My latest book club read was A Ladder To The Sky by John Boyne. Whilst I am familiar with his previous work this was the first of his novels I have read, and its premise was one I was drawn to as it explores the lengths a person may go to in order to get what they want. And in this story, this takes place in the literary world.
Maurice Swift is an aspiring writer who spots an opportunity when he encounters Erich Ackermann, a celebrated author, in a Berlin hotel. Despite his success we get the sense that Erich is a lonely man, and he is drawn to Maurice, who is an attractive, desirable young man who he wishes to spend more time with, and he subsequently invites him to accompany him on future trips. During this time a bond develops between the two men, or at least so Erich thinks, as it becomes clear that Maurice has a very different motive. Maurice listens to the stories that Erich has to tell, and as he gains his trust these stories become all the more significant, as secrets from the past are revealed, involving events from his past that had shocking consequences, memories that are best left buried. I was gripped by this story as it unfolded, as we begin to get a sense of Maurice’s character, and the way in which he seems able to manipulate any relationship to get what he needs, and to find the story to spark his own success, even when those stories do not belong to him. And this is only the start of a remarkable journey, as the life of this complex character develops.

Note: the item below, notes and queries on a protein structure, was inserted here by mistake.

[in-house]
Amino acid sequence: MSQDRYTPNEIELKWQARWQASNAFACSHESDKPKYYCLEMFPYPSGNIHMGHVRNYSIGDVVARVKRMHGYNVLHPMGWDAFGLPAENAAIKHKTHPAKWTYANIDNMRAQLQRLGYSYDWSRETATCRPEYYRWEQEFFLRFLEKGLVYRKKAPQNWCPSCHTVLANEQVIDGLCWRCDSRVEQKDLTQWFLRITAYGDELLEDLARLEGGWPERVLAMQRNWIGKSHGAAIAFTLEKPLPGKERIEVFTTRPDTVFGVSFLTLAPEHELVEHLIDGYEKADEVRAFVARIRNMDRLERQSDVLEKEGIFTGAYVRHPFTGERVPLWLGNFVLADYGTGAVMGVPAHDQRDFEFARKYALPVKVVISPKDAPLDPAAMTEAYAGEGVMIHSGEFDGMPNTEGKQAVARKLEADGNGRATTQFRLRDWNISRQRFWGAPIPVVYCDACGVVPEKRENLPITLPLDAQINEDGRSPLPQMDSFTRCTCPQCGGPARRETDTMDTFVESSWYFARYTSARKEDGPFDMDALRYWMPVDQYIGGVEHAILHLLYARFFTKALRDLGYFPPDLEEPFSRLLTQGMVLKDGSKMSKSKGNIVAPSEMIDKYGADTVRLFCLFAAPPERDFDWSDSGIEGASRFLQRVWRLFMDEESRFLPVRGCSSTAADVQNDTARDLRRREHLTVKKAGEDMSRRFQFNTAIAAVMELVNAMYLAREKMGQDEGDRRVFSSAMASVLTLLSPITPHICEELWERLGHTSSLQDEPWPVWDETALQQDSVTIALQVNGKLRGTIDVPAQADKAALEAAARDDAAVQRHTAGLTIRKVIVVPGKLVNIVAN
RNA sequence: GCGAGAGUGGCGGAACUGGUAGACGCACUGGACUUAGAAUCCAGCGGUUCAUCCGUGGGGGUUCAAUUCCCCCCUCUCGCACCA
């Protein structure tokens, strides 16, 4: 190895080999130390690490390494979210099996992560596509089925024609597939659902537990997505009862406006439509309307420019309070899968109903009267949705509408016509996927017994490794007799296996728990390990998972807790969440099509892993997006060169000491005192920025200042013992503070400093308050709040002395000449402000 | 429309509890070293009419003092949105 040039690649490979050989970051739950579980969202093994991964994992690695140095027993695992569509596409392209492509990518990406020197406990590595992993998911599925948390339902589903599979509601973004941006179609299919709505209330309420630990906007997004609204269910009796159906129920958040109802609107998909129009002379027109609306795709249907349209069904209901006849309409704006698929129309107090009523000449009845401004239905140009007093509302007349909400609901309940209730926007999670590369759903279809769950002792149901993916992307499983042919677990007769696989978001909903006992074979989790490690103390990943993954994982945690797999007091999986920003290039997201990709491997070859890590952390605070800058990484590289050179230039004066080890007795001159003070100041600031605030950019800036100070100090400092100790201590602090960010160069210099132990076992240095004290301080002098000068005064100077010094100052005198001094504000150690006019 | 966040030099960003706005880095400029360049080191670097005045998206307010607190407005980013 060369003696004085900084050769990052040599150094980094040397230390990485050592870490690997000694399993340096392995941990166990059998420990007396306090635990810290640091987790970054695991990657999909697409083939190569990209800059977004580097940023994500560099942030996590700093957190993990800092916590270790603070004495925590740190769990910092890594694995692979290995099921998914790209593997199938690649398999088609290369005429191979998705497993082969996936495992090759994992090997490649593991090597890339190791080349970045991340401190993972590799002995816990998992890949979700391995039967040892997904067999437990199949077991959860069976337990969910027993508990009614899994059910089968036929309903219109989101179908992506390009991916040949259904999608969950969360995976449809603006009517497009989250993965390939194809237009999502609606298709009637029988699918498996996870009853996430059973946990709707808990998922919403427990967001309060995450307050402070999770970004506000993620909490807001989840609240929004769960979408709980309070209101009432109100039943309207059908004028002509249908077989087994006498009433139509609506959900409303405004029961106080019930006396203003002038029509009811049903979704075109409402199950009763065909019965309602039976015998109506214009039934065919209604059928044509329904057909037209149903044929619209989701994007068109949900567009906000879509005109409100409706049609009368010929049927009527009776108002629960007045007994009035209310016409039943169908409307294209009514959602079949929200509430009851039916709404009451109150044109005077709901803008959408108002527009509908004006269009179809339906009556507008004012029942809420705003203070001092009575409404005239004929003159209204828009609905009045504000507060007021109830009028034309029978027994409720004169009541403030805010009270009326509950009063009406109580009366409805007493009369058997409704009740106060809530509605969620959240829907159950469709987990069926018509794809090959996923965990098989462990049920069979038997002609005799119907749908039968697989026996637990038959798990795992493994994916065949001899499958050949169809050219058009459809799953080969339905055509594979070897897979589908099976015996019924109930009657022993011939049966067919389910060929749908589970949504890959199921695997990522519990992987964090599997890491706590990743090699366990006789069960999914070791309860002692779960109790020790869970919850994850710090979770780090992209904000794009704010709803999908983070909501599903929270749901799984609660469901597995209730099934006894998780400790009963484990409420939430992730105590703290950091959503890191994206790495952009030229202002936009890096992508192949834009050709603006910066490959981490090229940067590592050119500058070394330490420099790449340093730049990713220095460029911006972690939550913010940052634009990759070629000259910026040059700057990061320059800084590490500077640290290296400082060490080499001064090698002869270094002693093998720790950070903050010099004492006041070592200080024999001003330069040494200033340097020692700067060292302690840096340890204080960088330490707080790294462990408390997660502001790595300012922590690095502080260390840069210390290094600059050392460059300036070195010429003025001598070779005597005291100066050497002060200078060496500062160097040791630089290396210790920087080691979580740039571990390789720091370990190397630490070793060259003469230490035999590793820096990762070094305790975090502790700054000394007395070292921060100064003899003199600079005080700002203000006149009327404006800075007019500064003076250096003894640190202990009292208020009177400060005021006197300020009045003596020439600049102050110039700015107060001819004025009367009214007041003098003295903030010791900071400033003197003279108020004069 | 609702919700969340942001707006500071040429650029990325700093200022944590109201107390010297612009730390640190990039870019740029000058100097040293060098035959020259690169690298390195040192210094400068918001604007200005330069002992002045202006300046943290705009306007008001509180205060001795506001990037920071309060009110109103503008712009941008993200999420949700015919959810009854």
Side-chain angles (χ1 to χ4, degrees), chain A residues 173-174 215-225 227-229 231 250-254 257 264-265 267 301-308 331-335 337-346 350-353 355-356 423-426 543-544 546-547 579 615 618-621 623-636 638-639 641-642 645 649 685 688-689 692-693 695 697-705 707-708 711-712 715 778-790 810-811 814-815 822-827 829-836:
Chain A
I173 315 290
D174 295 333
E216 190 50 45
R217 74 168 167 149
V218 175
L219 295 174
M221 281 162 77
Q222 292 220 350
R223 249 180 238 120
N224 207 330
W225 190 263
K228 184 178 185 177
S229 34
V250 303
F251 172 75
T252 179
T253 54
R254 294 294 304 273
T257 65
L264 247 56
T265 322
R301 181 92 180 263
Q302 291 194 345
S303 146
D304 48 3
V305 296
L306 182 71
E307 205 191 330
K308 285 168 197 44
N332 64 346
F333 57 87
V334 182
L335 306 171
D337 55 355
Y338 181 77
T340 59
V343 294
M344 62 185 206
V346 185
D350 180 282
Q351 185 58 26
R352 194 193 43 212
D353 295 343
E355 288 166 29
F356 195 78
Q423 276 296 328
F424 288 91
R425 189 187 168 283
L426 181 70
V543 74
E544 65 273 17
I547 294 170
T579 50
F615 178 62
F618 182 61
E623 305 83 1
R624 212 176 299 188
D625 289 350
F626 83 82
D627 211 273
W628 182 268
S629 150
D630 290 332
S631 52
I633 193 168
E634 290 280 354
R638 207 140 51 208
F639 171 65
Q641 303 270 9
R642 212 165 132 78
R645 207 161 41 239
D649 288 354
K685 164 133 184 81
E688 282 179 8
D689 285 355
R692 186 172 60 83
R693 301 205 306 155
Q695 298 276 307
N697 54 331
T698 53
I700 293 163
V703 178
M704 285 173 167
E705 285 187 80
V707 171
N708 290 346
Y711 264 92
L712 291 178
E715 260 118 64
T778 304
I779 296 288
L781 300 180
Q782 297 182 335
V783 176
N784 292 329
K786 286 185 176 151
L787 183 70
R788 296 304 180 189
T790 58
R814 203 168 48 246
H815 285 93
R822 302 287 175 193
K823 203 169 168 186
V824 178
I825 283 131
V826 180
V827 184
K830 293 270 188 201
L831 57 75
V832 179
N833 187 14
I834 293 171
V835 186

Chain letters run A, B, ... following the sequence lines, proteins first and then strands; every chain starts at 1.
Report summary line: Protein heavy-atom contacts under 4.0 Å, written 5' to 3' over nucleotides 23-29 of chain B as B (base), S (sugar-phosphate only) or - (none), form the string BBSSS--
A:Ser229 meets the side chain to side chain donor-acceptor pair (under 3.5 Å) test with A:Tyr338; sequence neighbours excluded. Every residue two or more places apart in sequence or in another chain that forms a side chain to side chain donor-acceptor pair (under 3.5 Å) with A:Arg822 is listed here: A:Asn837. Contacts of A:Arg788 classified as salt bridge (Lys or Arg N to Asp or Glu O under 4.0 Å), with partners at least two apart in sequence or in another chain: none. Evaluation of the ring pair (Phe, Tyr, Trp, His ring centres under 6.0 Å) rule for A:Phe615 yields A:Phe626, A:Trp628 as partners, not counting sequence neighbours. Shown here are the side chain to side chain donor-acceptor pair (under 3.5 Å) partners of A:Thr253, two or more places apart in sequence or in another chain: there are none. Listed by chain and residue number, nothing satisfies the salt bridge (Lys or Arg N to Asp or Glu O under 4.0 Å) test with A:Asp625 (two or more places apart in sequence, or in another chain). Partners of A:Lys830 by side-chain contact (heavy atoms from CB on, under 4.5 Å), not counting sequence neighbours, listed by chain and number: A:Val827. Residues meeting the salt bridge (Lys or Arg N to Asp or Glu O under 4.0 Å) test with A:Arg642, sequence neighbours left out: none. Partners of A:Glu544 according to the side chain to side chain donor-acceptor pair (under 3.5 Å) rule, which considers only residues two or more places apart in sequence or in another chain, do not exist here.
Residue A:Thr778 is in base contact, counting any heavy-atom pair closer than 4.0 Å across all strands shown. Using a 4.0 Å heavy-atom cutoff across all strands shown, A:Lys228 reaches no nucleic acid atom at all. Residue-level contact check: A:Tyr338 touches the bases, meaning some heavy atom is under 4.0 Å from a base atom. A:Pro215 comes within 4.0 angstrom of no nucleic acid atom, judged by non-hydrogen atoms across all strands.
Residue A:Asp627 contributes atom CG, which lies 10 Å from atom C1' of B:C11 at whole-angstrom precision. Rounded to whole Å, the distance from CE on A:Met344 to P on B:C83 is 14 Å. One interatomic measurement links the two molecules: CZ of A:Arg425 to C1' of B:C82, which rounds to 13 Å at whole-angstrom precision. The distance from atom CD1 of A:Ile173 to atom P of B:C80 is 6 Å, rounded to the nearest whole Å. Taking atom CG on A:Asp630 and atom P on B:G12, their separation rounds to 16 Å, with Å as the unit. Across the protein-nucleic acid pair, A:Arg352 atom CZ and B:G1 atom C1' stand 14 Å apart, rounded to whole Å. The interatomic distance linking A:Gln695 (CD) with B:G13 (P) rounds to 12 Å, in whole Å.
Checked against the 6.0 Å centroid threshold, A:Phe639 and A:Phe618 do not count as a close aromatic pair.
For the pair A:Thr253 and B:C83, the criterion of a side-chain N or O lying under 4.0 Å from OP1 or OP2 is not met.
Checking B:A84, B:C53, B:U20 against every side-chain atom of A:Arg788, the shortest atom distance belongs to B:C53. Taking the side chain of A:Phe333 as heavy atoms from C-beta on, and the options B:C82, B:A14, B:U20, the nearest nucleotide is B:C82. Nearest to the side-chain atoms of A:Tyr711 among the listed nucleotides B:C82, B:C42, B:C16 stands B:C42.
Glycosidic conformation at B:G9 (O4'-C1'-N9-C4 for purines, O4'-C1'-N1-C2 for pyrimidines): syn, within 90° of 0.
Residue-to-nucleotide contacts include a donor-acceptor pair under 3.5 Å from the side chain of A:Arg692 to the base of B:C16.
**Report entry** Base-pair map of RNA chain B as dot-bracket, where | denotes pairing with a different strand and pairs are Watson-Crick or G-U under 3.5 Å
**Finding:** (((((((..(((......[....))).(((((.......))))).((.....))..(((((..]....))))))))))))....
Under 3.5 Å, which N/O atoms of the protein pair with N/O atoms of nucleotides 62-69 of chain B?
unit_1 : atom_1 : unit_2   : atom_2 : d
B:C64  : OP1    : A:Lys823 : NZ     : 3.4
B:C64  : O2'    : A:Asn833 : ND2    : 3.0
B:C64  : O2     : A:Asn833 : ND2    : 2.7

The novel is broken down into three parts, with a couple of interludes providing additional background which helped add layers to the characters and their stories. I liked the use of the different narrators in each part, where we get to see events from the perspective of Maurice, his wife, and in the opening part, Erich. I thought that the plot developed at a good pace, which kept up the intrigue whilst allowing plenty of time for the development of the characters in all their complexity. Maurice was a fascinating character, a man who seemingly has it all, inventing new ways to achieve greater success, without a care for the impact it may have on those in his path, no matter how catastrophic. His voice is a chilling one, and as the story developed there were moments where I was genuinely shocked by the lengths he would go to in order to achieve the fame that he craves. But whilst there was a dark, sinister tone throughout this book, there were also moments of humour, along with wry observations about the literary world which of course adds an extra layer of interest as a book lover! This was all in all a compulsive read, and one which explores a dark side of the literary world.
A Ladder To The Sky is a well written, unsettling story which explores authorial jealousy, obsession and ambition. It was an intriguing book that kept my attention from the start, with a few surprises along the way as the sinister intentions of Maurice Swift are brought to light.